A few years into the business, she got an unexpected reaction when she fired a waitress who just wasn't putting forth her best effort.
"She was such a wreck when she was waiting on tables, and when I let her go she came to me and was relieved. She wanted to succeed but she wanted to succeed for me and not herself. I was letting her (let) go of that tension," Doody says. "It really wasn't her cup of tea."
Later, Doody fired a long-time member of her managerial staff who obviously wasn't happy enough in the job to perform well.
In both cases, Doody had waited weeks before making her move -- a decision she now realizes should've been made as soon as possible.
She discovered she needed to focus on hiring and keeping staff who would buy into the theory of how she wanted the business run and how she wanted the customers treated. Others would simply have to go. Doody couldn't risk the possibility that guests would be reluctant to come back because they had an experience with an employee who wasn't congenial.
Still, for a time, she had to adjust to the idea.
"It was hard because I build up a good relationship with my employees, I think, and try to be interested in their personal lives as well as their lives at work and their best development," she says. "It's hard because you're kind of torn, but you feel like you're doing the best thing for yourself as well as for them -- but change is tough."
Doody always had a general manager who took care of hiring at the restaurant, but now she's added even more levels of scrutiny.
"Now we screen candidates much more carefully," she says, adding that she typically does not hire people who are going into food service for the first time.
In addition, several people, rather than just one manager and Doody, now interview candidates, and there's an orientation period when Lindey's management can find out more about the employee and the employee can learn more about the business.
"It works from both sides," Doody says. "If they aren't going to be happy here, then it's not going to be good for us or them." How to reach: Sue Doody, 228-4343
Kathy Ransier dressed her teen-age son in a tuxedo, took him to his school prom and danced with him in his wheelchair.
It's one of many joyful stories her friend, Rebecca Love, remembers about Ransier's relationship with Charles, whose birth defect left him developmentally challenged at age 1.
"She said, 'I operate with a cup half full, waiting for Charlie to go to college ... '" Love recalls. "That tells a lot about Kathy and her strength and her hopefulness."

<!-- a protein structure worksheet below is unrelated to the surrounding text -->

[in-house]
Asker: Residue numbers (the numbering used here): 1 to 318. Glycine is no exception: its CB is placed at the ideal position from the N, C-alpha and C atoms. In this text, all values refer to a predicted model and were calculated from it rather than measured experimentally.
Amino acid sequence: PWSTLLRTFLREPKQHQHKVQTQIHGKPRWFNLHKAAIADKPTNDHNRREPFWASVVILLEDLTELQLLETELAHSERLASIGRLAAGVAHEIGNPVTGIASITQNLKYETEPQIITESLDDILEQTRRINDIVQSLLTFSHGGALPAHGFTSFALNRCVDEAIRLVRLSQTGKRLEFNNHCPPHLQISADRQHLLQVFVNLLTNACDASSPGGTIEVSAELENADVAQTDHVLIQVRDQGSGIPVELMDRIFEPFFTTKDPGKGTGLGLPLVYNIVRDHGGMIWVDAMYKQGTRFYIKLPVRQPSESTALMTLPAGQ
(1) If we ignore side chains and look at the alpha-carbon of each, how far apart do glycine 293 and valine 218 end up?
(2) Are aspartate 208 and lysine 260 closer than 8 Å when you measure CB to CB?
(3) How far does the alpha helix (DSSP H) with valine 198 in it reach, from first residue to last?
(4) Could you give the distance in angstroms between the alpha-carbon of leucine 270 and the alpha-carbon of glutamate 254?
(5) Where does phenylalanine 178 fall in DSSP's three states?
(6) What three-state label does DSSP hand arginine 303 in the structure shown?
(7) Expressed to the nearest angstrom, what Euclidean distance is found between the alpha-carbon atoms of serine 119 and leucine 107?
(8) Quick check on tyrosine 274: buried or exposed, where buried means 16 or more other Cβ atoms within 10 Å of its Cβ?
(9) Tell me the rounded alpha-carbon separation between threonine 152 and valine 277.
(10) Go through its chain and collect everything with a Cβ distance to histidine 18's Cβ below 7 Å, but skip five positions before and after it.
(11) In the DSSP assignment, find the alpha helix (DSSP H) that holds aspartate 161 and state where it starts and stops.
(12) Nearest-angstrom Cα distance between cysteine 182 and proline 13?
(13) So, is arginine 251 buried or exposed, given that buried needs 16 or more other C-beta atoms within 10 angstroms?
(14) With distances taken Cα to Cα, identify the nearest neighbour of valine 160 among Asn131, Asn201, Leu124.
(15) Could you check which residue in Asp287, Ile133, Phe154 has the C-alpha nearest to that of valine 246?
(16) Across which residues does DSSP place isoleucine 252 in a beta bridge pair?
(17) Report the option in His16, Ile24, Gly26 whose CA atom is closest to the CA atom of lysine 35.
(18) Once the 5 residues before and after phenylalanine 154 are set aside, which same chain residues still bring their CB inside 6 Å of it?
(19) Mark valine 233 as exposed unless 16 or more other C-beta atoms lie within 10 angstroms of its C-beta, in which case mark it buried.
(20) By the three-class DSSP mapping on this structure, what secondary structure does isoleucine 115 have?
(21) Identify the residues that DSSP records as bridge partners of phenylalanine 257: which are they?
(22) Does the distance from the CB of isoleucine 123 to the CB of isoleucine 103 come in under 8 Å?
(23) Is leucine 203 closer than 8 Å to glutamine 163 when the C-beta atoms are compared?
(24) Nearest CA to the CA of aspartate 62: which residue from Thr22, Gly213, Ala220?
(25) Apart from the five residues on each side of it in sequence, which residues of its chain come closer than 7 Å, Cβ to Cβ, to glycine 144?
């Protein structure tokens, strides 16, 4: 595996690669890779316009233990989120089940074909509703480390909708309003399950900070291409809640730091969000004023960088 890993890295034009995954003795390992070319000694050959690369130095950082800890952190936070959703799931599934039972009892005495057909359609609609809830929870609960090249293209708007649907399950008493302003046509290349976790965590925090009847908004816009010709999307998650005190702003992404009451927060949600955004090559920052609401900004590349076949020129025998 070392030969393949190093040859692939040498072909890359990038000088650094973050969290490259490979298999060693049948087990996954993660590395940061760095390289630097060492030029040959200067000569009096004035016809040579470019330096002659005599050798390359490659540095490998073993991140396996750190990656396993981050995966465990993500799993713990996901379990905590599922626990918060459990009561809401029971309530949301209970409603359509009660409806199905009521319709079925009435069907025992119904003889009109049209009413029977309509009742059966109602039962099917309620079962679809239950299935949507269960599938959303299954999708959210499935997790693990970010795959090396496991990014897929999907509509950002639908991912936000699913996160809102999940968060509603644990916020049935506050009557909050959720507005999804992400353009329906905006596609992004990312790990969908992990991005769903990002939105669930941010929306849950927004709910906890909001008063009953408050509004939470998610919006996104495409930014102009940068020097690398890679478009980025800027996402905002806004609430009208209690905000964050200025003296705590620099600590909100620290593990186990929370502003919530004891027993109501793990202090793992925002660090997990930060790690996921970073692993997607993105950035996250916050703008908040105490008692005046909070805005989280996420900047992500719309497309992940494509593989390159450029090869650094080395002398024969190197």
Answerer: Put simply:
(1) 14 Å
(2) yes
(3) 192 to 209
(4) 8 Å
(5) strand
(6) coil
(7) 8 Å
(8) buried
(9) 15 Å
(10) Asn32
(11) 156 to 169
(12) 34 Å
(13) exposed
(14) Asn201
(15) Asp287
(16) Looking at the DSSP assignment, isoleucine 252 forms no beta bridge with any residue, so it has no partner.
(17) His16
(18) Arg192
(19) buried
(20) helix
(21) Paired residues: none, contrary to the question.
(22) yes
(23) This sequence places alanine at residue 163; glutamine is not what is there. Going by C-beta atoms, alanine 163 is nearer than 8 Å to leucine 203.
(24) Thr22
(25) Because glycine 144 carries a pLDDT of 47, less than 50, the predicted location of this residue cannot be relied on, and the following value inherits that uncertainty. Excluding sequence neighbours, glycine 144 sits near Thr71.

For her part, Ransier, managing partner of Ransier & Ransier LLP, remembers the life lessons she learned from Charles, who nearly two years ago died at age 17 -- far past the six-month life expectancy doctors gave him shortly after he was born.
"Charles was Charles. Not handicapped Charles, not retarded Charles, he was just Charles," she says matter-of-factly.
"Fortunately for him, and us, in his level of understanding he was a very happy person -- he wasn't stressed out by his limits," she says, noting that he showed the family joy and warmth.
"You had a bad day and Charles was there to remind you and to love you," she says.
Love, director of early childhood education for the Franklin County Board of Mental Retardation and Developmental Disabilities, whose board Ransier chairs, says Ransier always celebrated Charles' life rather than seeing her care of him as a burden.
That attitude, Love says, contributes to the success Ransier has in the law firm owned by her and her husband, Fred.
"Her energy, her positive outlook, her open disposition -- she's a scholar, very scholarly, and intelligent and articulate. And I think all of those make people open their minds to her and receive her professionally and as a friend," says Love, who's known Ransier professionally and personally for nearly 30 years.
Ransier says relationships with clients, in fact, are among the "unanticipated real joys" of running the law firm. She wouldn't disclose specifics about the firm's financials but says she wouldn't deny that revenue exceeds $1 million.
"There are clients we have represented literally the entire time we've been in business," she says of the German Village area law firm founded in 1976. The firm has represented such notables as Honda, Wendy's, Moody/Nolan Ltd., Bank One, National City Bank and Lutheran Social Services.
Susan Weaver, executive director of the Community Housing Network Inc., says over the 10 years Ransier has served as general counsel for her organization, the two have developed a friendship.